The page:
Being a student teacher can be a tough, stressful experience. You are often quickly thrown into a full classroom well after the beginning of a semester, effectively being forced to play catch-up with both the curriculum and the student body as you both learn and prepare to teach. As a result of the fast-paced and stressful job of student teaching, you must be organized.
First, you need to develop a good way to organize your knowledge of the students in your classes. The first day as a student teacher should be focused on developing a seating chart. If possible, such a chart should be incorporated into a spreadsheet program like Microsoft Excel, allowing comments to be added to cells to flesh out information about each student. As you learn more about a student, write it into the comment that appears when the cursor clicks on the cell. Over time you will come to know what might better motivate each student.
Second, develop a lesson plan format that works for you. Though your college of education may require a certain format of lesson plan, a personal shorthand format that you are comfortable with should also be concocted. Every day you will need to fill out the course objectives and how they meet overall guidelines for the class. Keeping track of what you have taught allows you to cross off the material from a master list of topics that may be required by the school, school district, or state. With standardized testing so prevalent today it is important that student teachers quickly develop a way to keep track of which academic standards and concepts have already been taught by Day _____ of a unit and which still need to be covered.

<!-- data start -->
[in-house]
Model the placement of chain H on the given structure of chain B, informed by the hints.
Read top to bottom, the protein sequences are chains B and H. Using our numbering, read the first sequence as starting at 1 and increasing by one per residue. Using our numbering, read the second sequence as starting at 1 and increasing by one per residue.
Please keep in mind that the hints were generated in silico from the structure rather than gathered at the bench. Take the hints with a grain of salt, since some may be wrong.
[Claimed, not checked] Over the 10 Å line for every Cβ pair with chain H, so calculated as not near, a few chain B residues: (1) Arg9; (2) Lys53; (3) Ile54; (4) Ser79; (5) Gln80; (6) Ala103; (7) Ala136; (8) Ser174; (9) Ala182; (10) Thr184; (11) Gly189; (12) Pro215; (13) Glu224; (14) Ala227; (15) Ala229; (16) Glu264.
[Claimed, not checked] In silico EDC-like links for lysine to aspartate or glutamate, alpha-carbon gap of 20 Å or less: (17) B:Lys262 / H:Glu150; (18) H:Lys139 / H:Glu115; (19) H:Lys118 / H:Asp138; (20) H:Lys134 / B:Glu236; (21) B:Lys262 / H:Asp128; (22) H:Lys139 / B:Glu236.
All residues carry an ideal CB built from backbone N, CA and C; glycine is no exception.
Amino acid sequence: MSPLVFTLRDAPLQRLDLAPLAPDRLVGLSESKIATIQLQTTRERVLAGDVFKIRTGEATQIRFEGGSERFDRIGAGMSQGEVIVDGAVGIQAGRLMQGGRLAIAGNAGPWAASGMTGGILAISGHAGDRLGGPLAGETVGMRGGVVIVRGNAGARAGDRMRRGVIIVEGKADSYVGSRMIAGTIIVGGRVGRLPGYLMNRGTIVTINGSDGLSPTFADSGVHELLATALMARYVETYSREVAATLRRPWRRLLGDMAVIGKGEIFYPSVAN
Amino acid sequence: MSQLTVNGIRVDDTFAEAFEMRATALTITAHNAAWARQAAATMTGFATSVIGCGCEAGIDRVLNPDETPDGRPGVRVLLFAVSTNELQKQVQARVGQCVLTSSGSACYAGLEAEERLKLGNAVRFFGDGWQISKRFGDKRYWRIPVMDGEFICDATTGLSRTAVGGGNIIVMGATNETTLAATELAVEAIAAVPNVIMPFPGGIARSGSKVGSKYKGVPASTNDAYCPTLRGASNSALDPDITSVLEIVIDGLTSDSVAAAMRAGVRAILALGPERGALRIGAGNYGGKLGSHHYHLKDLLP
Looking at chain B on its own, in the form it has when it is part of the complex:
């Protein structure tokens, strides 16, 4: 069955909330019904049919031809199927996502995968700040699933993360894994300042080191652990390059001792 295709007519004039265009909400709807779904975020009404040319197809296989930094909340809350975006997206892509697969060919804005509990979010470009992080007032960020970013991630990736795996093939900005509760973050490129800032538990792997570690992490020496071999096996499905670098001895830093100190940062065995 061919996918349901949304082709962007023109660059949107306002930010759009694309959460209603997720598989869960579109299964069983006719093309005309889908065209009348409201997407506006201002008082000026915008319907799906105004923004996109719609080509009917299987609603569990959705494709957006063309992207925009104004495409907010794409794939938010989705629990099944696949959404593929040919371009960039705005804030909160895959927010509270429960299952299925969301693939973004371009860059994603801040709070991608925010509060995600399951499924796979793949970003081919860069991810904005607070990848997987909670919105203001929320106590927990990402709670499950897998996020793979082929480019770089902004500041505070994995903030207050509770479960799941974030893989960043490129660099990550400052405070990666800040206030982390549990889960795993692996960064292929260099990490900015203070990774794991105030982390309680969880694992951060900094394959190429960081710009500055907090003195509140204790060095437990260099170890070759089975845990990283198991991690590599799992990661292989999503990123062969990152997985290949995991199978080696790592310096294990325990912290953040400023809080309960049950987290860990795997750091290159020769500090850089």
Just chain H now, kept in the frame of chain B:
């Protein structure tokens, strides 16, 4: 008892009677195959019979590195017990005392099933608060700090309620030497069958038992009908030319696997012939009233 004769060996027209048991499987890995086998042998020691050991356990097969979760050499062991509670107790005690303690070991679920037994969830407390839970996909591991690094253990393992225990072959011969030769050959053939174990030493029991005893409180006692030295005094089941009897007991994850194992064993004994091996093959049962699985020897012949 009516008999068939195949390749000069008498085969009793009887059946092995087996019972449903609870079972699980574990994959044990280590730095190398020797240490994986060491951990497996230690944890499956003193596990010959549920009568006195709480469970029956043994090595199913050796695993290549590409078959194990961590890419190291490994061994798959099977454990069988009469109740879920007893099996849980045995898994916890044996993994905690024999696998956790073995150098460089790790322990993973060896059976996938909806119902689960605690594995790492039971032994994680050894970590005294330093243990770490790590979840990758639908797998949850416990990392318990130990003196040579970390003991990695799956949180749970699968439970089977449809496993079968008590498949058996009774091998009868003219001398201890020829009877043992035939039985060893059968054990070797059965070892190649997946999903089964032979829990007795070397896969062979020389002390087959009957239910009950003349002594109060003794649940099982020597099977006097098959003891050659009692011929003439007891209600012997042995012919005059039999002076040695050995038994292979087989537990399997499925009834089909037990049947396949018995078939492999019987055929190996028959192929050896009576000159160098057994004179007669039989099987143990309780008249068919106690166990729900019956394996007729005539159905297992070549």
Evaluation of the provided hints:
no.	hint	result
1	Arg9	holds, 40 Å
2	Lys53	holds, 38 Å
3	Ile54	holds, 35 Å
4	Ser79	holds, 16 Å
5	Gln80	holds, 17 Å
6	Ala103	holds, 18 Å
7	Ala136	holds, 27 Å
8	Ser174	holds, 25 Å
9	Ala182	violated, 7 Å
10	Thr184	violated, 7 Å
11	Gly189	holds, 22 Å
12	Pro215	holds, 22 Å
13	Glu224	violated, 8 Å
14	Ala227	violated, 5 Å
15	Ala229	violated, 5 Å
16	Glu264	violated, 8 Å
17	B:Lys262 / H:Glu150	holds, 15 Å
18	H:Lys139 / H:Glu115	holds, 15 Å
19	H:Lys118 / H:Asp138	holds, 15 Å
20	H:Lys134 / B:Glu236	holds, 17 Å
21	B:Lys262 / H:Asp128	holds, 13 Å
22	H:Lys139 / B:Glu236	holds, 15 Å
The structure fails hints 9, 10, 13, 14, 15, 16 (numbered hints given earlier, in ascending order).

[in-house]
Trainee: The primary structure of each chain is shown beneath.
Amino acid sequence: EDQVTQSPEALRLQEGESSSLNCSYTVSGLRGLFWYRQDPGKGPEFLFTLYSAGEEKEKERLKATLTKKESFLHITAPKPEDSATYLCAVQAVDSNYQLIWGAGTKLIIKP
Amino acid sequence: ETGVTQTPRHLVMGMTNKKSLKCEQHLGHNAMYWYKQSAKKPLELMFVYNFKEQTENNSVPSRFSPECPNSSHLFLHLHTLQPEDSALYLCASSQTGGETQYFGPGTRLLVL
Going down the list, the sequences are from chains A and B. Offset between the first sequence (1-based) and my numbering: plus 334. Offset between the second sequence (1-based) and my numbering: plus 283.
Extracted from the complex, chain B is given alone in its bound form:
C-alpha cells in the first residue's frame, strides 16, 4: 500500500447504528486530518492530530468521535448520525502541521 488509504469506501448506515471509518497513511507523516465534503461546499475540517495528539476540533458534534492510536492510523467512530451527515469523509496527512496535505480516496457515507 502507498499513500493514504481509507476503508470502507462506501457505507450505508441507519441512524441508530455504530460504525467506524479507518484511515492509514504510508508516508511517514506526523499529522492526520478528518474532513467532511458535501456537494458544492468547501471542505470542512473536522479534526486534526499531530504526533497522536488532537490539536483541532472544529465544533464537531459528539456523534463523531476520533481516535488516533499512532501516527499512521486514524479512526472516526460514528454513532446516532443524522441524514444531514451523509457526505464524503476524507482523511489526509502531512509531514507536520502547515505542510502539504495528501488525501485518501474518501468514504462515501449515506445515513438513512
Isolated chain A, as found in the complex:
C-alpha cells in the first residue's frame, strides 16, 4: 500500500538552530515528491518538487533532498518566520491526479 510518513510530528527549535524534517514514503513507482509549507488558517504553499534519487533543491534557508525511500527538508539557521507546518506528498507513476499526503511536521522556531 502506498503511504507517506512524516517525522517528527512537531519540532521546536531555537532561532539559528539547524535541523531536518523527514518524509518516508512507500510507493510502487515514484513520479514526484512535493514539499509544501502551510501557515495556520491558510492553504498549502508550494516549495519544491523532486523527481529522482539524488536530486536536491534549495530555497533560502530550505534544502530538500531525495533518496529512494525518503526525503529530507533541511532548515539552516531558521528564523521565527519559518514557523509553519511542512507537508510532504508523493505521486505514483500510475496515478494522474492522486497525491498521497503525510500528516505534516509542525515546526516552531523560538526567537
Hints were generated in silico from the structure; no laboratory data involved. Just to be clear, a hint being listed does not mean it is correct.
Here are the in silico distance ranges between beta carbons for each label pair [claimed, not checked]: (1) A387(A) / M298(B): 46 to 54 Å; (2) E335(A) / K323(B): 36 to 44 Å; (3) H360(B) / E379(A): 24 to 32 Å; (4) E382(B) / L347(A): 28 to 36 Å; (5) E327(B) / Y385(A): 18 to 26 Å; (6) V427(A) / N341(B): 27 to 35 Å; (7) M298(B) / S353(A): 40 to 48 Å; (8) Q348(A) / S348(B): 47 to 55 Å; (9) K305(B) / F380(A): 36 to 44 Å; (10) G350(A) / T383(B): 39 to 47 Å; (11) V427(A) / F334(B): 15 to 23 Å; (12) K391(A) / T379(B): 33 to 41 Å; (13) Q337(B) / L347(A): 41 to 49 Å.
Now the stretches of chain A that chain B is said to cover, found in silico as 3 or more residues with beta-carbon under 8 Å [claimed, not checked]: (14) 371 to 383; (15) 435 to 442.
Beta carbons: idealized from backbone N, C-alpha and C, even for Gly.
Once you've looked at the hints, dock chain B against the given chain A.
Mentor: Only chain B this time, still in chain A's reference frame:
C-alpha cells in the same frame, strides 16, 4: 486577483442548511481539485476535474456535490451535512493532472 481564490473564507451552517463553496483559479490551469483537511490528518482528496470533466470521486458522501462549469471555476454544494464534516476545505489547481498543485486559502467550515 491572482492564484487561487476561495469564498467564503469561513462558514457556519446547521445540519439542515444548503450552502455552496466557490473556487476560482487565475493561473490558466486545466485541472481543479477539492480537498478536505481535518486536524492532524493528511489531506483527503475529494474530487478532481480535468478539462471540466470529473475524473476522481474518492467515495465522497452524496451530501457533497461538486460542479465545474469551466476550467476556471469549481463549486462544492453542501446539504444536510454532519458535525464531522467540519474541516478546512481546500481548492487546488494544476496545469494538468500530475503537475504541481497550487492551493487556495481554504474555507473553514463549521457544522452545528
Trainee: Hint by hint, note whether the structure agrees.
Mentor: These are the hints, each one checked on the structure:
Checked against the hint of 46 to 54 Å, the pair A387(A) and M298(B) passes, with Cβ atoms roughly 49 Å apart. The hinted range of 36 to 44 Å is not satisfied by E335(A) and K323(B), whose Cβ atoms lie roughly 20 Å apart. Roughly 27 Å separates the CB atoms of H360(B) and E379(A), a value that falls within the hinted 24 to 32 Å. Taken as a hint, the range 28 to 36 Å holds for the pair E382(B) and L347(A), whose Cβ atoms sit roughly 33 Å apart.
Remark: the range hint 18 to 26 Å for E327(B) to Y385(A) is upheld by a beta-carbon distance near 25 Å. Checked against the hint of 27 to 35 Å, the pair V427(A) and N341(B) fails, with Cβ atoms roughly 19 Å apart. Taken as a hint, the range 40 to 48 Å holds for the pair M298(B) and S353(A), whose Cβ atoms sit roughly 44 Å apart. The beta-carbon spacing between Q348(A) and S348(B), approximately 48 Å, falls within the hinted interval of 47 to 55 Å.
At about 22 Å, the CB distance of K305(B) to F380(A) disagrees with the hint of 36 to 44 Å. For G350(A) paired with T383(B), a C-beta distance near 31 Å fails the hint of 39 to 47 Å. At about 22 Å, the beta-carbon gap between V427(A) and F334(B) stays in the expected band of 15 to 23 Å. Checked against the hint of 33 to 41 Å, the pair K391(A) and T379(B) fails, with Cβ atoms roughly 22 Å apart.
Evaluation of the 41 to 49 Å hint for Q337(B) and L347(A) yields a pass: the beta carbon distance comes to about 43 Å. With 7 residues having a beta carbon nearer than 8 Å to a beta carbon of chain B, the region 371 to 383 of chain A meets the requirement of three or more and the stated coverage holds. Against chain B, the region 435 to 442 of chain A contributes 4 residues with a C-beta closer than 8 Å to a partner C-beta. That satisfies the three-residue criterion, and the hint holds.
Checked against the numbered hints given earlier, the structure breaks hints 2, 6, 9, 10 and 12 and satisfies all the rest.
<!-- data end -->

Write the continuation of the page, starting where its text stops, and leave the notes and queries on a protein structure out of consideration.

Third, network with teachers and school faculty and personnel. After student teaching you will likely be on the hunt for a job, and these individuals can be invaluable in helping you land a good position. Experienced teachers also know the tricks of the trade and the informal rules and guidelines that can make your job easier. Developing a spreadsheet of teacher names, their departments and subjects of teaching, and information and advice gleaned from them can help you remember names and know whom to seek for help on a certain issue. Quickly getting a handle on who is who within a department can help build rapport and camaraderie and make a student teacher “one of the gang” instead of an outsider.
Fourth, and perhaps most important in terms of teaching, is developing a physical organization system for incoming and outgoing paperwork. Where do you want students to hand in their work? How do you plan to get it back to them? A “turn-in box” and a box of manila folders alphabetized by last name, or a crate with hanging file folders, is a simple system that removes much legwork from collecting completed work and disseminating graded assignments. Having students collect their graded work from their respective manila folders can prevent the awkwardness of a student teacher stumbling about the room unsure of which name belongs to which student. Another crate with hanging file folders can be used as a convenient place to store blank and extra worksheets, assignments, and study materials for students who may have lost their original copies or been absent the day the material was originally handed out.